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Shelly Angers, N.H. Department of Cultural Resources
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Historic Preservation certificate program courses begin this month

Individuals interested in learning more about historic preservation can begin to do so this summer thanks to a new graduate-level certificate program.

The Certificate in Historic Preservation program seeks to instill a fundamental understanding of preservation issues and challenges, while providing basic skills and training for those who work for community preservation organizations and agencies, or in aligned fields such as planning, law or architecture. The New Hampshire Division of Historical Resources worked with the University System of New Hampshire, and specifically Plymouth State University (PSU), to encourage the establishment of the program and collaborated closely with program coordinator Dr. Stacey Yap of PSU to develop course content, resources and syllabi.

The four-course certificate program may be pursued on its own or as part of PSU’s Master of Education in Heritage Studies.

“Preservation challenges and education have changed dramatically over the past few decades. These courses offer a wonderful new way for those working in the field to understand and respond to our state’s historical resources,” said New Hampshire’s State Historic Preservation Officer Elizabeth Muzzey, who will teach several of the program’s courses. “We’re so pleased to be working with Plymouth State University to help educate more people about the field of historic preservation.”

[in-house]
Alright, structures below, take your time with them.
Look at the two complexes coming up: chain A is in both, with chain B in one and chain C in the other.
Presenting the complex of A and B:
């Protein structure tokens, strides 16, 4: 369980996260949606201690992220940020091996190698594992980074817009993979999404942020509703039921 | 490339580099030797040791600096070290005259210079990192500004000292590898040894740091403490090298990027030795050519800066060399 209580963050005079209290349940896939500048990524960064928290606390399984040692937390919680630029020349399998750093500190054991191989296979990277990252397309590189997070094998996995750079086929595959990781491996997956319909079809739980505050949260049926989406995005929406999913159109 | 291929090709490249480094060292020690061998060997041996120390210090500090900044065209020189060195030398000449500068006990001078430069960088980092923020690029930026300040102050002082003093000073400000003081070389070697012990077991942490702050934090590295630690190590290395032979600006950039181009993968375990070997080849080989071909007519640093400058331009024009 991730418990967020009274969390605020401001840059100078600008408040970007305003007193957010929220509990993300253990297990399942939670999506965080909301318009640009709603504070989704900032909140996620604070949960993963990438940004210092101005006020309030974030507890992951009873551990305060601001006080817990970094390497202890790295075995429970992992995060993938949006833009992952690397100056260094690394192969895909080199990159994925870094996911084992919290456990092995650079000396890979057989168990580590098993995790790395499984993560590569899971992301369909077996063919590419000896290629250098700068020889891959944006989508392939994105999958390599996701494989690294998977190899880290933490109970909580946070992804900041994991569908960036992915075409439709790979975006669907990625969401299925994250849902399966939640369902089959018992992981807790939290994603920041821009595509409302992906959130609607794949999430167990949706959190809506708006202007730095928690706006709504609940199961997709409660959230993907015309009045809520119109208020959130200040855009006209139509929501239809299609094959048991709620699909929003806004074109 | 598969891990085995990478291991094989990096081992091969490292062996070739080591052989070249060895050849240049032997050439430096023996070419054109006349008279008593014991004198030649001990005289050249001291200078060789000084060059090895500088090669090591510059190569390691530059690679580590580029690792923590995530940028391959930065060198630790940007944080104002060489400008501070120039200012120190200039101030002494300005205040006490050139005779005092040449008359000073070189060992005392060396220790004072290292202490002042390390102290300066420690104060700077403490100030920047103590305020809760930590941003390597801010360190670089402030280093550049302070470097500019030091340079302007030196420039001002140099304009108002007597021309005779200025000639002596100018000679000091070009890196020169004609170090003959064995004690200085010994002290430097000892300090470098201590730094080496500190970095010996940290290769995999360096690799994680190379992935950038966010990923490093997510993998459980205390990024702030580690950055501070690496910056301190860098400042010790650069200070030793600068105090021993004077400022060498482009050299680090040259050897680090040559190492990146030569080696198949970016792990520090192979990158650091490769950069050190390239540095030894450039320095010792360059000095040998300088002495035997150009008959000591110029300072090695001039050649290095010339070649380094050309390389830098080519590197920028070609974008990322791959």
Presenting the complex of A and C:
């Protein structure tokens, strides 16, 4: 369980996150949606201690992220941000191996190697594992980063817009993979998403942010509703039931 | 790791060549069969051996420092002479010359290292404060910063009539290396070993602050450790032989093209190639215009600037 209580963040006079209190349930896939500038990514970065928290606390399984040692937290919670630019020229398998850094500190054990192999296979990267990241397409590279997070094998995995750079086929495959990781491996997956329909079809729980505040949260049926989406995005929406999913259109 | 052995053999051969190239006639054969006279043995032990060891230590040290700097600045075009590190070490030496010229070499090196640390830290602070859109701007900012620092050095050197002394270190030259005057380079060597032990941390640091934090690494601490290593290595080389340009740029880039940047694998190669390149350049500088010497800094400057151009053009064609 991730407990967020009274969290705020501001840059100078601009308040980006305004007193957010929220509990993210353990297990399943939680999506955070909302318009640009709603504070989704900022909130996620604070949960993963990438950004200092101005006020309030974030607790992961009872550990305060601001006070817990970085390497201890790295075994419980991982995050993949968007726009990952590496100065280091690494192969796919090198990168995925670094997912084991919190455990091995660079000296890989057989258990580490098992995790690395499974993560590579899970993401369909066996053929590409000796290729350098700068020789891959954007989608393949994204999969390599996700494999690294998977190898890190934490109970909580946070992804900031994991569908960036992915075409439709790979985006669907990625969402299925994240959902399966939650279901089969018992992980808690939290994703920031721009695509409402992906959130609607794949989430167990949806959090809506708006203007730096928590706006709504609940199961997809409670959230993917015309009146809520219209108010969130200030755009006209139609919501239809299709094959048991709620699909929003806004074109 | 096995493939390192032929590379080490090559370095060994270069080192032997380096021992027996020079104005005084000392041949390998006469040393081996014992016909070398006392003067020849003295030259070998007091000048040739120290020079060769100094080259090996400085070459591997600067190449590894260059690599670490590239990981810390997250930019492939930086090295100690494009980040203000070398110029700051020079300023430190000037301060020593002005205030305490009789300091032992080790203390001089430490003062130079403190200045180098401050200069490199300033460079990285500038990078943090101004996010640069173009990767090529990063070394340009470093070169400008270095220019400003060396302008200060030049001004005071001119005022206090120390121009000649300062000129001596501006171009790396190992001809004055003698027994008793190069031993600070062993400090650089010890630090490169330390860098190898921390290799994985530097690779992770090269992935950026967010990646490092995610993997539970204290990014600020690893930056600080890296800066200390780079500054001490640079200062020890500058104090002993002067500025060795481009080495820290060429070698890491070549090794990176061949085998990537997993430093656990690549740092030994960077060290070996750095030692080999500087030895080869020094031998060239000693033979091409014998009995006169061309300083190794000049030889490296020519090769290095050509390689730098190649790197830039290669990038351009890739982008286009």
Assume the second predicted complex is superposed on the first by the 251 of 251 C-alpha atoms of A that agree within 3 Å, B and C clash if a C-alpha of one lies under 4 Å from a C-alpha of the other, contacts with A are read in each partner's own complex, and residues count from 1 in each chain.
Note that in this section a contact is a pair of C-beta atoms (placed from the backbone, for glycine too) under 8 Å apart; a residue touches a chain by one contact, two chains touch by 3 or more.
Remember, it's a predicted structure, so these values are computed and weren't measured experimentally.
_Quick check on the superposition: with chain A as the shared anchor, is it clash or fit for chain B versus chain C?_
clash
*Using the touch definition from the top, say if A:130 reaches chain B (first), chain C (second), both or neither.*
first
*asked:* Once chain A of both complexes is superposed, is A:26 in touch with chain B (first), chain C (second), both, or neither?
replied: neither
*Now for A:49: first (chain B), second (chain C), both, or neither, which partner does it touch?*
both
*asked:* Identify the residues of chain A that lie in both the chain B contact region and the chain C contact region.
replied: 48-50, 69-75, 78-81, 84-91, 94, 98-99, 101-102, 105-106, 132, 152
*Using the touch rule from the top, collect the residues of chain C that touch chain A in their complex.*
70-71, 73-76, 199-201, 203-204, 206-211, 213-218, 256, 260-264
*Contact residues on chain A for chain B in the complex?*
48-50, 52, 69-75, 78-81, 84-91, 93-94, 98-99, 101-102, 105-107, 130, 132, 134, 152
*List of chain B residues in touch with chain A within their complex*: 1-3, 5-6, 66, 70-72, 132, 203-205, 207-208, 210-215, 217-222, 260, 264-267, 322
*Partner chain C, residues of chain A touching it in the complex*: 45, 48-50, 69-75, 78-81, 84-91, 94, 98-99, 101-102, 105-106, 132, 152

This summer’s courses are: Preservation Planning and Management (held in Concord); The Rural Cultural Environment: Architecture and Landscape (Concord); Heritage Studies Foundations (Plymouth); and New Hampshire and New England Historic Sites (an online course). Each course is three credits and has its own meeting schedule; classes begin June 28 and run through August 6.

Four courses will be offered this fall and two this winter.

For more information about the Certificate in Historic Preservation program, including course descriptions and schedules, visit or contact Dr. Stacey Yap, program coordinator, 603-535-2333,

New Hampshire’s Division of Historical Resources, the “State Historic Preservation Office,” was established in 1974. The historical, archaeological, architectural and cultural resources of New Hampshire are among its most important environmental assets. Historic preservation promotes the use, understanding and conservation of such resources for the education, inspiration, pleasure and enrichment of New Hampshire’s citizens. For more information, visit or call 603-271-3483.




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